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Visiting dental surgeon from Nigeria works with Health Center faculty

by Chris DeFrancesco - April 6, 2009


Call it a “knowledge exchange” between the UConn Health Center’s oral pathologists and an oral and maxillofacial surgeon from Africa.

For the past four months, Dr. Ozoemene Obuekwe, dean of the University of Benin’s dental school in Benin City, Nigeria, was a visiting faculty member at the UConn School of Dental Medicine.

“For someone to come from so far away to spend this kind of immersion time is a very rare thing, especially since Dr. Obuekwe is in a different specialty,” says Dr. Ellen Eisenberg, chair of the Section of Oral and Maxillofacial Pathology.

Obuekwe says, “As an academic, one hopes that there will be a point in your career where you can step out to see what others are doing, to share knowledge and to gain insights. Having had the chance to spend time with the oral pathologists, immersed in what they do on a daily basis, it is obvious that our respective specialty areas do go hand-in-hand.”

Most of Obuekwe’s time was spent with Eisenberg and Dr. Easwar Natarajan, an assistant professor in the Division of Oral and Maxillofacial Pathology. Eisenberg says Dr. Obuekwe contacted her via e-mail more than a year ago, asking if he could take a sabbatical with her, after Eisenberg’s writing and role as section editor for pathology for the Journal of Oral and Maxillofacial Surgery caught his attention.

“I felt that shadowing Dr. Eisenberg and her associate, Dr. Easwar Natarajan, would be a valuable experience for me as an oral and maxillofacial surgeon, and that this interactive time would give me a fresh perspective about my own work,” Obuekwe says. “This has improved my understanding of the basis of oro-facial diseases and their diagnoses.”

A surgeon’s perspective “Dr. Ozo,” as he became known at the Health Center, attended didactic sessions and clinical pathological conferences, and spent time in the dental clinics and at the microscope observing and assisting the pathologists in solving diagnostic problems.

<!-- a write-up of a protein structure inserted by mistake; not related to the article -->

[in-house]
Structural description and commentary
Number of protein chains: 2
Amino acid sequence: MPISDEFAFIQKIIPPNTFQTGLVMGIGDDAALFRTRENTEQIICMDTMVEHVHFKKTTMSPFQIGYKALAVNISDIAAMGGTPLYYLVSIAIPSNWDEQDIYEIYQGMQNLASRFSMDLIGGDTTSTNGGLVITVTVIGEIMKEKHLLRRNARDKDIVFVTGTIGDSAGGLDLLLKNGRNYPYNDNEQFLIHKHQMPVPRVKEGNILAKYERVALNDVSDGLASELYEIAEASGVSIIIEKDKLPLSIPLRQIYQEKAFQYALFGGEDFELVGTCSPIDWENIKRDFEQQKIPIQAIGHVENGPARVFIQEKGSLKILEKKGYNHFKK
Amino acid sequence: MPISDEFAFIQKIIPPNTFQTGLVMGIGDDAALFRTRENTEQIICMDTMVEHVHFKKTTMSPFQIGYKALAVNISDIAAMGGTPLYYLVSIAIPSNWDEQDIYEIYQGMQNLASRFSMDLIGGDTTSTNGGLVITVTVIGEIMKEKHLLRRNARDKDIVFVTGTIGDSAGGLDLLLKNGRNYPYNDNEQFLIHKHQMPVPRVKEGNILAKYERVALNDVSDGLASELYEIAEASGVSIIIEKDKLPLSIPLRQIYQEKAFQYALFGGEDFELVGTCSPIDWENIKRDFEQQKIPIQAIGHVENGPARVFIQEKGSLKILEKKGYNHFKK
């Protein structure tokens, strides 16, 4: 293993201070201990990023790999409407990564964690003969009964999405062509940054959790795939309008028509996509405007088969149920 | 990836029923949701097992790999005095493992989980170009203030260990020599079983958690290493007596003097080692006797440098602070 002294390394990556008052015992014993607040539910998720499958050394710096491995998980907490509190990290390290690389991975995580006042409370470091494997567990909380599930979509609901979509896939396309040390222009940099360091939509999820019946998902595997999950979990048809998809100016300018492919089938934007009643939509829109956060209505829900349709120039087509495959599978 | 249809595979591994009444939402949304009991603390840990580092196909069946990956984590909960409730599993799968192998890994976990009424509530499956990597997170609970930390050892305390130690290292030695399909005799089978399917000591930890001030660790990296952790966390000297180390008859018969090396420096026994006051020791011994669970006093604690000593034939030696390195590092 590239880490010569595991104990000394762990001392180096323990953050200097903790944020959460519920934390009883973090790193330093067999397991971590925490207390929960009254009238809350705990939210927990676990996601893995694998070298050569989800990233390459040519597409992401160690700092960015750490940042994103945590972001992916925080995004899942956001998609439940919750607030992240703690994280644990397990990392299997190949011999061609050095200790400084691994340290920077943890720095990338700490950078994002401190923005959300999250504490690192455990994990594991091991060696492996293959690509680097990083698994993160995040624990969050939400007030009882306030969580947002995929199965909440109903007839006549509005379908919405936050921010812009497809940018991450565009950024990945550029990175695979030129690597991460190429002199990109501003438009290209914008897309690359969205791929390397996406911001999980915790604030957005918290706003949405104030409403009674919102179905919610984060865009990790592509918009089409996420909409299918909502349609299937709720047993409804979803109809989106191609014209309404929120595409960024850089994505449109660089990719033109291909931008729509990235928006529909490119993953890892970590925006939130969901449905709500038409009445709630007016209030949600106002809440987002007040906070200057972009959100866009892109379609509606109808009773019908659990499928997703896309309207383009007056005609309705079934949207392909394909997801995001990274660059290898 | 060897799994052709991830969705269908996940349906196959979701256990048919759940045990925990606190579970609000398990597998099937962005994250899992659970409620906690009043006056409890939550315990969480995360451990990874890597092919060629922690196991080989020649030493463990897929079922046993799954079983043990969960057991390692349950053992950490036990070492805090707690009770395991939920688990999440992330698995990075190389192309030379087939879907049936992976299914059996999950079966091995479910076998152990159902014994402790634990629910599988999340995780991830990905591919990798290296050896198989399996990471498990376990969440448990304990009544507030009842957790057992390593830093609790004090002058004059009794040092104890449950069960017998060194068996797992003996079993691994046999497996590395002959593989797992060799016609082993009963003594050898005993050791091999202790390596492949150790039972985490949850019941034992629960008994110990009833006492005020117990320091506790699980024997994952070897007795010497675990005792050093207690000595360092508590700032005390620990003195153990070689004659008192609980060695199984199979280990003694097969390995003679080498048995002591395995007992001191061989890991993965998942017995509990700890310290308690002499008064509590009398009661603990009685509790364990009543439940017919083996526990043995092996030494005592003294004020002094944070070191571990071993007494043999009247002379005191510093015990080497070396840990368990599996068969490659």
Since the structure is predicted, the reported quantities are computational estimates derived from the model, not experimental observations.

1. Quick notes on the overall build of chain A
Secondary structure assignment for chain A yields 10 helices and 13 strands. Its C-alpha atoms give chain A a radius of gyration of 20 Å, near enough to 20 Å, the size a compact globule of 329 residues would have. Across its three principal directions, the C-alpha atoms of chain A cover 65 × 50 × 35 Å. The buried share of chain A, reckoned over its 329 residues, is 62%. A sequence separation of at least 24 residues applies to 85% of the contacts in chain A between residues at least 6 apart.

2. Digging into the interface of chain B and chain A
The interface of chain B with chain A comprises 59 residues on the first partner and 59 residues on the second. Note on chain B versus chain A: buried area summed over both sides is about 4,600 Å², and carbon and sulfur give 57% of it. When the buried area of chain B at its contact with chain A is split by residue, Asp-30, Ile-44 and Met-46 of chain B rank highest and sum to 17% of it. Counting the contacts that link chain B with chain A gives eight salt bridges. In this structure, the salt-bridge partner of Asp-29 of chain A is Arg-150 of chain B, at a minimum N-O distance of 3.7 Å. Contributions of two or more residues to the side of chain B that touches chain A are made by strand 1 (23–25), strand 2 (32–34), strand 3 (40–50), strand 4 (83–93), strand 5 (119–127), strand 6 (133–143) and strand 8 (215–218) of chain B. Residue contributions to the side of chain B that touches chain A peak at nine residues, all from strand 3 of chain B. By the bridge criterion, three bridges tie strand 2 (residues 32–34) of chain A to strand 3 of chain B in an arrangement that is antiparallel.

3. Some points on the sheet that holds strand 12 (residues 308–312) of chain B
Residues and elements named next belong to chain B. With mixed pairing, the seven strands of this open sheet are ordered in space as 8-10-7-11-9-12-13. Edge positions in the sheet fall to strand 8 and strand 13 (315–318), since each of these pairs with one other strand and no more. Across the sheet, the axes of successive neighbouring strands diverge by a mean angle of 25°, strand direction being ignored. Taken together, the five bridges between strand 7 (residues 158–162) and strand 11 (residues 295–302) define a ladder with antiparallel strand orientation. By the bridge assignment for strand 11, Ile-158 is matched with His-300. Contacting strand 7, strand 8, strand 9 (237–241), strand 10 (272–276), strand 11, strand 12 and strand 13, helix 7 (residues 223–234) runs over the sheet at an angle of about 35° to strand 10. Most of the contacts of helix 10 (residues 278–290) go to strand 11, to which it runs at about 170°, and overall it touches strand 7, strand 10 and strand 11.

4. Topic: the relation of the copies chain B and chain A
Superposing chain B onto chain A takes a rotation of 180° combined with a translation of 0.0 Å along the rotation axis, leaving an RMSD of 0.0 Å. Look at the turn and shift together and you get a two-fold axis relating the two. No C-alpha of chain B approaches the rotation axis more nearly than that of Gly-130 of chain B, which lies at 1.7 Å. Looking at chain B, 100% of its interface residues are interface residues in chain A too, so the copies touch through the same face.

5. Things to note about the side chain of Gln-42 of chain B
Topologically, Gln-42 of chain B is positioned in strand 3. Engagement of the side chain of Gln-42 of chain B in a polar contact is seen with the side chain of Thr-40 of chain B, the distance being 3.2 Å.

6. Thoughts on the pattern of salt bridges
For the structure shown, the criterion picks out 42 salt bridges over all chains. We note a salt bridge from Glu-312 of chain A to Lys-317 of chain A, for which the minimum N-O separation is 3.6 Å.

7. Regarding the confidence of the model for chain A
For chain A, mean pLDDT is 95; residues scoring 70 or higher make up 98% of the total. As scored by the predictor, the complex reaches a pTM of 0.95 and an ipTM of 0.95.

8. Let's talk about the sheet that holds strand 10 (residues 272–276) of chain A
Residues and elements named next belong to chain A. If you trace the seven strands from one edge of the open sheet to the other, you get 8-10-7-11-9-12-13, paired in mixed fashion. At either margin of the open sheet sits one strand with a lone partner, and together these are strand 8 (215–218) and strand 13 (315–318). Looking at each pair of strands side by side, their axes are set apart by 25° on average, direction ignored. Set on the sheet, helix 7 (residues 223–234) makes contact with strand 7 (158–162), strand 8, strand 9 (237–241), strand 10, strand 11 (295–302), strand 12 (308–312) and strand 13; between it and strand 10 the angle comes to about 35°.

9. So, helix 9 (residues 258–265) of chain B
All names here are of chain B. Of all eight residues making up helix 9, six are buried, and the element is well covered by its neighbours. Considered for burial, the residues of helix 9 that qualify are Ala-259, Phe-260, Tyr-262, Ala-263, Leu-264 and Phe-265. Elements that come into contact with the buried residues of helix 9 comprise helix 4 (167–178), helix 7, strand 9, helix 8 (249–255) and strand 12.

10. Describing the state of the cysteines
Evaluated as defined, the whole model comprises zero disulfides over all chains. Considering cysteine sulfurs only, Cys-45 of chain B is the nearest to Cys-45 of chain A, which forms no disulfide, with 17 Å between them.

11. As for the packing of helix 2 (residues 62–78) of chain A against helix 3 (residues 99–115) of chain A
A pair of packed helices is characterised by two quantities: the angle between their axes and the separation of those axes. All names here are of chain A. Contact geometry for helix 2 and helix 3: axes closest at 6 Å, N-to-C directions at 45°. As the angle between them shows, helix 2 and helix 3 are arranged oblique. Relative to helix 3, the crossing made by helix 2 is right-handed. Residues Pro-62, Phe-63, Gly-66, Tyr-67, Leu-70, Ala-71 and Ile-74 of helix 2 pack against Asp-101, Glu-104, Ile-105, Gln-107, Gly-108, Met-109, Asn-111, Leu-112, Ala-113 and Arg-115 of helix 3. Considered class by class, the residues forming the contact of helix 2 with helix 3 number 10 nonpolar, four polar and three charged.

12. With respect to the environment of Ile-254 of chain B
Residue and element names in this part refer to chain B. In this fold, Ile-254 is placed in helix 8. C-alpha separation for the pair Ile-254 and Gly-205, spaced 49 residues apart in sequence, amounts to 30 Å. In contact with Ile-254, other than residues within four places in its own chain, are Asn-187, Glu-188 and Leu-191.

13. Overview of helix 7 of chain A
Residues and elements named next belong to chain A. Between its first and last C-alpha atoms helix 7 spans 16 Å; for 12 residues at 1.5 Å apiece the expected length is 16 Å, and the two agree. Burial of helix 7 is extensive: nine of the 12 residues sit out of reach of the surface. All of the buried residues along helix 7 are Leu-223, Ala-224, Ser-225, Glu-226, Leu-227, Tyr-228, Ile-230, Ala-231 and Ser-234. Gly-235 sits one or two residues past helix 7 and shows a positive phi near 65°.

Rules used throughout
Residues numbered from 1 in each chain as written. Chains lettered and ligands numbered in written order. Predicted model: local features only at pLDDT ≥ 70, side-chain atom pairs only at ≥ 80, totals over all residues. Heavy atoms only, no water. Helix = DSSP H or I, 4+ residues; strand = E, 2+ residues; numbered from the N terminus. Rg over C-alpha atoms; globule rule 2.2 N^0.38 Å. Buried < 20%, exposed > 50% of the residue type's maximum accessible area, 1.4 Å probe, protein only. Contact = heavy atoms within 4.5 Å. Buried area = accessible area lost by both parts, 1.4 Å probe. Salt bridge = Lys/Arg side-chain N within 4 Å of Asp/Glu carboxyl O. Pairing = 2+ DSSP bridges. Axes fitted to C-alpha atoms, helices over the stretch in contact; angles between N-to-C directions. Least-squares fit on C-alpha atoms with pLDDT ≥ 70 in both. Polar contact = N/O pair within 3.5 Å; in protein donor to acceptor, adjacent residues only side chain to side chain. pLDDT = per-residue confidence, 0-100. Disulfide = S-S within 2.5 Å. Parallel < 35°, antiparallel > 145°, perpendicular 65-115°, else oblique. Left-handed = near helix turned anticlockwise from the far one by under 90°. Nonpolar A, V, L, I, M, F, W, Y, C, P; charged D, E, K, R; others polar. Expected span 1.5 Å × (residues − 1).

“It’s good to get a surgeon’s perspective on the approach to treating various diseases and also their approach to obtaining diagnoses,” says Eisenberg.

Dr. Ozoemene Obuekwe, center, with Drs. Ellen Eisenberg and Easwar Natarajan.
Dr. Ozoemene Obuekwe, center, with Drs. Ellen Eisenberg and Easwar Natarajan. Photo by Izabela Rak

Obuekwe also sat in on seminars with oral surgery residents, and spent time with them in their clinics and operating rooms, where, he says, he learned new techniques and contemporary approaches to practice in the field of oral and maxillofacial surgery.

It was Obuekwe’s first visit to the United States.

“In Nigeria, the access to dental care could be better,” Obuekwe says.

“This is partly due to fewer dentists per capita and limited health insurance. Part of what I intended to share with UConn is to bring another, very different perspective concerning the treatment of patients with oral-maxillofacial diseases.”

Eisenberg says she learned from Obuekwe, too.

“He understands what’s happening at the tissue level, what makes something look the way it does or behave the way it does. He’s also aware that there are certain conditions he doesn’t usually see or treat because he’s a surgeon, but we’ve seen them and have our own approach to their diagnosis and management.”

Obuekwe hopes that his stint as a visiting faculty member at the UConn Health Center represents the beginning of a long-term relationship between the dental schools at UConn and the University of Benin.

“The most important realization to take back is that truly, the world has become a global village,” Obuekwe says. “The era of being cocooned in your locality is over. There is much to learn from each other.”

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